صور الصفحة
النشر الإلكتروني

cases, especially in large towns, in which the fact-and that was the whole that was brought out by these returns-of ministers receiving from their congregations as much, or even more, in the way of supplement than was given by them to the General Sustentation Fund, afforded no proof or evidence whatever of any narrow-mindedness or selfishness on the part of either minister or people. There were circumstances which fully justified such cases. A considerable number of the cases referred to were those of ministers in this town. He did not pronounce an opinion upon any particular case, but there were circumstances which the Church ought to keep in view. Without referring to existing cases, as an illustration he might refer to his own case, or rather what would probably have been his own case, were it not that through the kindness of his brethren in the Church he had been placed in a situation in which he enjoyed an income certainly far superior to his deserts when compared to that of many of his brethren. Had it not been for that, his case as pastor of a congregation in this city would probably have been of this nature. He came out with his congregation at the Disruption, and sacrificed his income as a city minister. His congregation was not large, and was not wealthy. If he had continued to be pastor of it, he thought it would be very likely-it was a mere guess however, for it had never been tried-that they might have raised £300 altogether for the support of a gospel ministry. Now, he would just put it to the Church, supposing that were the case, would there be anything very unreasonable, very monstrous, or very atrocious, or that would indicate any very extraordinary amount of selfishness either on his part or that of the congregation, if, after remaining in Edinburgh as pastor of a congregation, and after having sacrificed his stipend, and if his congregation were able to raise only £300 a-year for the support of a gospel ministry, they were to give him £180 of this sum, to make up his income to £300, and then to hand over the remaining £120 to the Sustentation Fund, which was the sum he would receive from it? He did not think that there would; and there were many such analogous cases, especially in large towns. These considerations ought to be kept in view by the Assembly; and it ought also to be remembered that the general interests of the Free Church were involved in their ministers having comfortable incomes; and not merely, as some were too apt to suppose, the interests of individual ministers. (Hear, hear.) He hoped that the Church would see that the mere fact of a congregation giving as much, or more, to their minister than they gave to the Sustentation Fund, apart from the special circumstances of the case, did not necessarily involve anything offensive or discreditable on the part either of minister or congregation.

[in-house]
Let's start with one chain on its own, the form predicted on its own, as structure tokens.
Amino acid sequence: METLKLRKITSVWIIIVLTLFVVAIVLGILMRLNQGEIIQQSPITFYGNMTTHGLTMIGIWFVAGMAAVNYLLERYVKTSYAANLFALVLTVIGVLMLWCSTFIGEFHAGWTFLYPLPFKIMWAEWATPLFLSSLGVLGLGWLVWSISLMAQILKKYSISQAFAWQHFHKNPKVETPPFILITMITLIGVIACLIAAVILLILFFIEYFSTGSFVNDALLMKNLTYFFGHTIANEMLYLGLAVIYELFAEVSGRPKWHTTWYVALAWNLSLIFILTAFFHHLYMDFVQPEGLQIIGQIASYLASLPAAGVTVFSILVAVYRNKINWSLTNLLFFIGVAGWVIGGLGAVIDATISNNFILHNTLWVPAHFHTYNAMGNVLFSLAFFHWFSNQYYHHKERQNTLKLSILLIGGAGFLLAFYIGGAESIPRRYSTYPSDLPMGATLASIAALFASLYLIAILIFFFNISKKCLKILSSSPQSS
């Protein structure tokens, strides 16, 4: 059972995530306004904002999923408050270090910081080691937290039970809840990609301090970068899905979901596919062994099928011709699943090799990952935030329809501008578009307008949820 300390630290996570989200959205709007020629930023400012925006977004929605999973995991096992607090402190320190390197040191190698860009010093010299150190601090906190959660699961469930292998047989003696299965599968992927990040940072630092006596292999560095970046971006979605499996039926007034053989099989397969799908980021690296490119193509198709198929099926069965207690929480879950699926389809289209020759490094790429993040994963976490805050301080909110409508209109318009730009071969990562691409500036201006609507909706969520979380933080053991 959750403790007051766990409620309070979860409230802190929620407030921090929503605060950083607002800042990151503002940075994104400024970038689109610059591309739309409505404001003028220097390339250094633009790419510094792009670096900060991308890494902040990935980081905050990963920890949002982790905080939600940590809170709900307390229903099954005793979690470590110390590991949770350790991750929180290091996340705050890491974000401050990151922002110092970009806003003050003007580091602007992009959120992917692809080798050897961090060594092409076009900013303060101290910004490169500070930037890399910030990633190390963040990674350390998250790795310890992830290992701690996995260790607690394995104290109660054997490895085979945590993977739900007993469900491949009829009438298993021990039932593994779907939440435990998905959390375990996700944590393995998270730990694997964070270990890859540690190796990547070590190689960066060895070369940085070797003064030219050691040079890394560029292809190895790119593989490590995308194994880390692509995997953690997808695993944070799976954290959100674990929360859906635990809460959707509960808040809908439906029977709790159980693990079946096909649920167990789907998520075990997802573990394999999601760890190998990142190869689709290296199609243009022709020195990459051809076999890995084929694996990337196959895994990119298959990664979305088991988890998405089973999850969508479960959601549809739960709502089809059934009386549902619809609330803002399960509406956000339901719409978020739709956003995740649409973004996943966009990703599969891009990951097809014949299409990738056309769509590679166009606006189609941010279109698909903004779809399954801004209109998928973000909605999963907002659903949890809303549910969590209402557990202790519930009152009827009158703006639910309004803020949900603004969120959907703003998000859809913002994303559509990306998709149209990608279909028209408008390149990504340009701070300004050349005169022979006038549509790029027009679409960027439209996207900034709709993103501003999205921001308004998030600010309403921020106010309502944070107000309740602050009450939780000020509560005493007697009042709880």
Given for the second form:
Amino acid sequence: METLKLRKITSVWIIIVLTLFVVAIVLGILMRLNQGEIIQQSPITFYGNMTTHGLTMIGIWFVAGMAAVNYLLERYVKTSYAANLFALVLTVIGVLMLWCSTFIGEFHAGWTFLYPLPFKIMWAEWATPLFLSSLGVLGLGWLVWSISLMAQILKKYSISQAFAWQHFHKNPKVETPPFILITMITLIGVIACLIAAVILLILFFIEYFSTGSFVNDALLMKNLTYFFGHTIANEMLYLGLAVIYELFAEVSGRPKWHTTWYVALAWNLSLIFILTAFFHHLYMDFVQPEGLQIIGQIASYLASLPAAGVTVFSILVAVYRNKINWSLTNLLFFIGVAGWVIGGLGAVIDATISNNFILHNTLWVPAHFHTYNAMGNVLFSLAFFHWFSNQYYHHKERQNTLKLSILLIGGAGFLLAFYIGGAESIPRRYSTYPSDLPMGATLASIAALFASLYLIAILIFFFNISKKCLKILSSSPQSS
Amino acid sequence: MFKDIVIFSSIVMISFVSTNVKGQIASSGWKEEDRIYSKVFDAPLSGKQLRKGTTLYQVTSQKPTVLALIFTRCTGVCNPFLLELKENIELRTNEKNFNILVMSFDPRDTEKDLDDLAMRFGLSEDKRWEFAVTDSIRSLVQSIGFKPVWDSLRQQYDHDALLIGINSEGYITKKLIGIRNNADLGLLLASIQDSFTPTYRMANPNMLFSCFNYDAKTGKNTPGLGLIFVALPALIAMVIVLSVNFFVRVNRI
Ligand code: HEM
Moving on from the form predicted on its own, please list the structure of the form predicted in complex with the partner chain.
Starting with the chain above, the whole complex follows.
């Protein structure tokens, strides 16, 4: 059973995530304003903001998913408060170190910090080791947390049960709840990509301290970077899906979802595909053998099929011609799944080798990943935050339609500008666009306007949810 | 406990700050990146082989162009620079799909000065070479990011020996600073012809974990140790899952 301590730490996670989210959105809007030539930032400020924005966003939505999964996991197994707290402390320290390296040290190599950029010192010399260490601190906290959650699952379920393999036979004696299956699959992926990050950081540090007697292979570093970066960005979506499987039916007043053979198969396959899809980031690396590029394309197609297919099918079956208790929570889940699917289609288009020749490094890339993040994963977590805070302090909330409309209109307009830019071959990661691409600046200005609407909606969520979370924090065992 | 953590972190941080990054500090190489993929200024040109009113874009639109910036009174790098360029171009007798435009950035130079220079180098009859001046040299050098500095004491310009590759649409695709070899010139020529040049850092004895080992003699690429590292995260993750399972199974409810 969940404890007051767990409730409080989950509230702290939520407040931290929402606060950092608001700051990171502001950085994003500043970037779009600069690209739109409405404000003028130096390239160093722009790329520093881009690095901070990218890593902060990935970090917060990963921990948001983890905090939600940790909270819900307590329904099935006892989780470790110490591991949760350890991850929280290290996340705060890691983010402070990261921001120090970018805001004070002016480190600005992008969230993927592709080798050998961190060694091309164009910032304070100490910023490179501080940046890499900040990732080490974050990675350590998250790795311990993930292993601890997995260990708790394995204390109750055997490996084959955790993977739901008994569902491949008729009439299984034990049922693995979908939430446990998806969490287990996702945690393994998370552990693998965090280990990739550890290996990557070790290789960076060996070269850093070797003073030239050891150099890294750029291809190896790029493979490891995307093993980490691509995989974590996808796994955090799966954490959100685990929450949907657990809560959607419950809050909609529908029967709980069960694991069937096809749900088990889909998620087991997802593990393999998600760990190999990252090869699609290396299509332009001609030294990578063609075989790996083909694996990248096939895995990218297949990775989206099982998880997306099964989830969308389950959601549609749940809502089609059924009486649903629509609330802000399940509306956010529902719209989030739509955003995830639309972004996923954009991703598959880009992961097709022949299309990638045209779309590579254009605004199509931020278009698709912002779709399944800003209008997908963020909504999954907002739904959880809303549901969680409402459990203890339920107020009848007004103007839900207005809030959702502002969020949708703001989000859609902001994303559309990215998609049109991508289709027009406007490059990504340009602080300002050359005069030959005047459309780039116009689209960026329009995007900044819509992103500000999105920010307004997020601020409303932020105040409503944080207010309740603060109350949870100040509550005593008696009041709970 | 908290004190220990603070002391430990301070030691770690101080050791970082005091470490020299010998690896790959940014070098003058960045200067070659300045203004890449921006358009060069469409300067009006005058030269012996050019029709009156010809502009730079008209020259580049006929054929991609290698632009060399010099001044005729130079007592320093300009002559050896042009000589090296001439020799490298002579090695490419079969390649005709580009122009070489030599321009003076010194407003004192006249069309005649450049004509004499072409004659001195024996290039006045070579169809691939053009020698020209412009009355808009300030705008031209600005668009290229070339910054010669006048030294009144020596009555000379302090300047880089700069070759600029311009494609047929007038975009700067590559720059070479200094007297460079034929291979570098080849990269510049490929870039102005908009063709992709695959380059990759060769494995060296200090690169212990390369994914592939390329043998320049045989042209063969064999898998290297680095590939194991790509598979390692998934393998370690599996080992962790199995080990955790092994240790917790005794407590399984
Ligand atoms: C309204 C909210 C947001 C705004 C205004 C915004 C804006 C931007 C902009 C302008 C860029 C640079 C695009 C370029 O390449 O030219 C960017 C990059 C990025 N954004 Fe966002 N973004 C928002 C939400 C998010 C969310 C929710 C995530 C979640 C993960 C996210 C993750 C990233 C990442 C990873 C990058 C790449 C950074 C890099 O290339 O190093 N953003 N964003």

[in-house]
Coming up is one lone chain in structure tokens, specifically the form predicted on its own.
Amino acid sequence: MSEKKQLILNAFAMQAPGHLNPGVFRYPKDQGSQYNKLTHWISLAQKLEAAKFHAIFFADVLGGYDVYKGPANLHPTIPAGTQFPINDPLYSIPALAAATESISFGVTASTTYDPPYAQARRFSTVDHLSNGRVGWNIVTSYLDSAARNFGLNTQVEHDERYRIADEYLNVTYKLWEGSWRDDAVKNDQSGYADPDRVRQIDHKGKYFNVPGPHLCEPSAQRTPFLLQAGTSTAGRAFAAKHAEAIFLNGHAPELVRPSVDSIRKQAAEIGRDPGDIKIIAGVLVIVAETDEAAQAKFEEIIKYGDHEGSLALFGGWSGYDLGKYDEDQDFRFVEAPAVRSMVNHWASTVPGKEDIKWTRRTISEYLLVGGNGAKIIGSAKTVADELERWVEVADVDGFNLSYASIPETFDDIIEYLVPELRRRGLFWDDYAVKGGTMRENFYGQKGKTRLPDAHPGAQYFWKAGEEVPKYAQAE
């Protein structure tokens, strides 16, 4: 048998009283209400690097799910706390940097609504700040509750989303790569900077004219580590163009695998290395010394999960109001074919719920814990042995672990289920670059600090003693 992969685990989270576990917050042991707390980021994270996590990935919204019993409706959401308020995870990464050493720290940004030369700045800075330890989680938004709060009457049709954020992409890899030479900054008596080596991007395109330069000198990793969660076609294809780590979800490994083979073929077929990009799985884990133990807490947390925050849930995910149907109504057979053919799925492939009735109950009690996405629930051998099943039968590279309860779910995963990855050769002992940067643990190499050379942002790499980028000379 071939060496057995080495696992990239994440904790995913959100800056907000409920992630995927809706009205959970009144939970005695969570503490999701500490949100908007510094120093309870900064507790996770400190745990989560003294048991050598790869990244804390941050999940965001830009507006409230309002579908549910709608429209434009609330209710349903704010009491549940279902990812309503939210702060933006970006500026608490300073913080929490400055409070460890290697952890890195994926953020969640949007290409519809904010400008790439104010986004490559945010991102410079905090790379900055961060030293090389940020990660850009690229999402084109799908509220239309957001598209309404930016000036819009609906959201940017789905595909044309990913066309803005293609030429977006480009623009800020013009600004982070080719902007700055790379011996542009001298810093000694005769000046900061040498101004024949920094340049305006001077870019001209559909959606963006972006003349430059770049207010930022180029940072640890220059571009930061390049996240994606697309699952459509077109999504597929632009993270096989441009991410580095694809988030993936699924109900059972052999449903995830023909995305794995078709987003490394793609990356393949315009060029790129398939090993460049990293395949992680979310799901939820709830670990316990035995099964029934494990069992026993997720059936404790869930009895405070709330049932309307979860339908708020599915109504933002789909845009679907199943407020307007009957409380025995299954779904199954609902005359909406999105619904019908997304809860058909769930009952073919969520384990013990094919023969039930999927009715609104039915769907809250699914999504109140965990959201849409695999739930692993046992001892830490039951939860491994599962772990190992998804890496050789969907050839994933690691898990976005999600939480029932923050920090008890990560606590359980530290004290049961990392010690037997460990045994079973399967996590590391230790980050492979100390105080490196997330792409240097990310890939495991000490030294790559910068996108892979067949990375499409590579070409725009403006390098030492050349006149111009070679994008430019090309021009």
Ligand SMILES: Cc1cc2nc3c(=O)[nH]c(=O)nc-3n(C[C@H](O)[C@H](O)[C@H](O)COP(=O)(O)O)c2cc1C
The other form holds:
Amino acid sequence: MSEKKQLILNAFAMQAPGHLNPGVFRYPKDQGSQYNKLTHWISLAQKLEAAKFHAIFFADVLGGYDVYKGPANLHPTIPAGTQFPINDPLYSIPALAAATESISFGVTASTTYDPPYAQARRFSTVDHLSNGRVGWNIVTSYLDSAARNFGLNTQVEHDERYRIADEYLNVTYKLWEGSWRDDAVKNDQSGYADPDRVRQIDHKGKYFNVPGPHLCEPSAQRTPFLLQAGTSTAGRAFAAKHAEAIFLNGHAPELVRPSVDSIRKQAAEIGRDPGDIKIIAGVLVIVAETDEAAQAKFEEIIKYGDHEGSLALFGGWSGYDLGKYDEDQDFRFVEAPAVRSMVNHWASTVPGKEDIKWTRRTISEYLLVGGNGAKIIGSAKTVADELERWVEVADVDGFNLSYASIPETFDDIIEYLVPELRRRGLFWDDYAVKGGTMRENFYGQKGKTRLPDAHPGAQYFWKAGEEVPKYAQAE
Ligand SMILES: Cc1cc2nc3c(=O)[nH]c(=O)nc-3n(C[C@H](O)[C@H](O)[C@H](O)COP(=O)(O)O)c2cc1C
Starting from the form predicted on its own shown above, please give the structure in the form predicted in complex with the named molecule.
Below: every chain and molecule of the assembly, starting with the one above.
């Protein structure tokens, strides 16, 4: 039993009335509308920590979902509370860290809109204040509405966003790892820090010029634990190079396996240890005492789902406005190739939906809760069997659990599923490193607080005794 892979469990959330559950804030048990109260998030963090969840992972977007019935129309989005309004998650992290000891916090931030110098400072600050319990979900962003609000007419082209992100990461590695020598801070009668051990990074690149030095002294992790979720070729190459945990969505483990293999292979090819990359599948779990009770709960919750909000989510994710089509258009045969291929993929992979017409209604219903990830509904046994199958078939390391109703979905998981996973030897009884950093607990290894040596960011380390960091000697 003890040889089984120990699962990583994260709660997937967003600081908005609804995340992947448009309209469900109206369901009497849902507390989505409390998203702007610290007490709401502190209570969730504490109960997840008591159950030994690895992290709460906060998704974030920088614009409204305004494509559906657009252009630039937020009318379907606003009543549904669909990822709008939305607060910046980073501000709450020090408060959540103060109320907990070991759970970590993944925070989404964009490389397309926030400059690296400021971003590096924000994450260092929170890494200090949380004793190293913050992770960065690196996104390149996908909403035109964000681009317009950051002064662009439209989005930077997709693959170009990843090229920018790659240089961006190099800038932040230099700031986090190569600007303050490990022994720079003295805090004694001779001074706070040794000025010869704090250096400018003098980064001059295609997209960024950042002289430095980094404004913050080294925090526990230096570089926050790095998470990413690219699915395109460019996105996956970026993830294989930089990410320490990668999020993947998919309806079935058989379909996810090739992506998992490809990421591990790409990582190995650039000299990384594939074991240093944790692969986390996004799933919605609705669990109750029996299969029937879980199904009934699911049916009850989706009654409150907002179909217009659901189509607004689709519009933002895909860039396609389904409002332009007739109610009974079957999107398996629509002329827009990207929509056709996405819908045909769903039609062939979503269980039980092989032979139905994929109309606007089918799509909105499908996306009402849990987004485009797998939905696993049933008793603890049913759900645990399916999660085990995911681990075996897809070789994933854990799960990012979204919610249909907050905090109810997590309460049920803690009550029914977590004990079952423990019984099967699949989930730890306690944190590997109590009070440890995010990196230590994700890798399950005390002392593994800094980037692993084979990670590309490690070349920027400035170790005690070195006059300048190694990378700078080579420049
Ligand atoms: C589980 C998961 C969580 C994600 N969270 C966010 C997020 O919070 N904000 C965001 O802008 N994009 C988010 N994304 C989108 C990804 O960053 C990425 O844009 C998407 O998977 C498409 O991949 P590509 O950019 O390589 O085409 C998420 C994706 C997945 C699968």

Mr DEWAR of Perth, hoped that his brother elders would withdraw their motion. The Church ought, however, to act more on the principle of shoulder to shoulder, and share and share alike,-not that the ministers living in rural districts ought to have as large incomes as those residing in the metropolis and in large towns, seeing that the expense of living was greater in the latter than in the former. He suggested that it would be desirable that the collectors for the Sustentation Fund were more recognised than they at present were, and thought that it was of essential importance that greater encouragement should be given to them. He had also another suggestion to make, namely, that if there was no legal impediment in the way, a very large annual saving might be made on the mode of insurance, if an understanding were come to that the Church should become the insurer of her own property. In reference to the distribution of the Sustentation Fund, he wished that the learned Principal had shown the same sympathy in regard to the outed ministers as he had done for the one-and-a-half class. Some of those who were parish ministers had sacrificed large stipends, and he knew of some, who, notwithstanding, received no supplement at all.

Dr CANDLISH rose to express his thorough agreement with the remarks which fell from Dr Cunningham. As a minister of a large town, he (Dr Candlish) spoke in reference to the extreme importance of having the congregations of their large towns, irrespective of the difference in their circumstances, somewhat equally supplied with ministers of high standing. Before the Disruption, by means of the endowments provided by the State, they were able to command the services in

Edinburgh of Christian ministers of high standing for a considerable number of congregations. They had now no such security from any State endowment, and, in these circumstances, it seemed to him to be very dangerous to interpose any obstacle in the way of what was absolutely necessary for attaining in Edinburgh, and other large towns, the same benefit that they formerly secured by means of the endowments of the State. (Hear, hear.) It was altogether a mistake to imagine that they could possibly do this in a large town like this if a minister's claim to be supplemented was to be anything like the proportion of what congregations might respectively raise for the Sustentation Fund. A congregation consisting of the poorer and humbler classes ought to have a minister nearly, if not equally, of the high standing of a congregation consisting of the better classes of the community, otherwise it would very soon come to pass that they would lose the benefit of having in large towns those men of standing and ability, as well as of spiritual gifts, who would be alone competent to face and grapple with the manifold evil tendencies of the age. (Hear, hear.) He made these remarks, because he thought that there was a danger in the Church allowing herself to be run away with by any such comparison as was instituted on the part of their friends from the south in the returns they contrasted.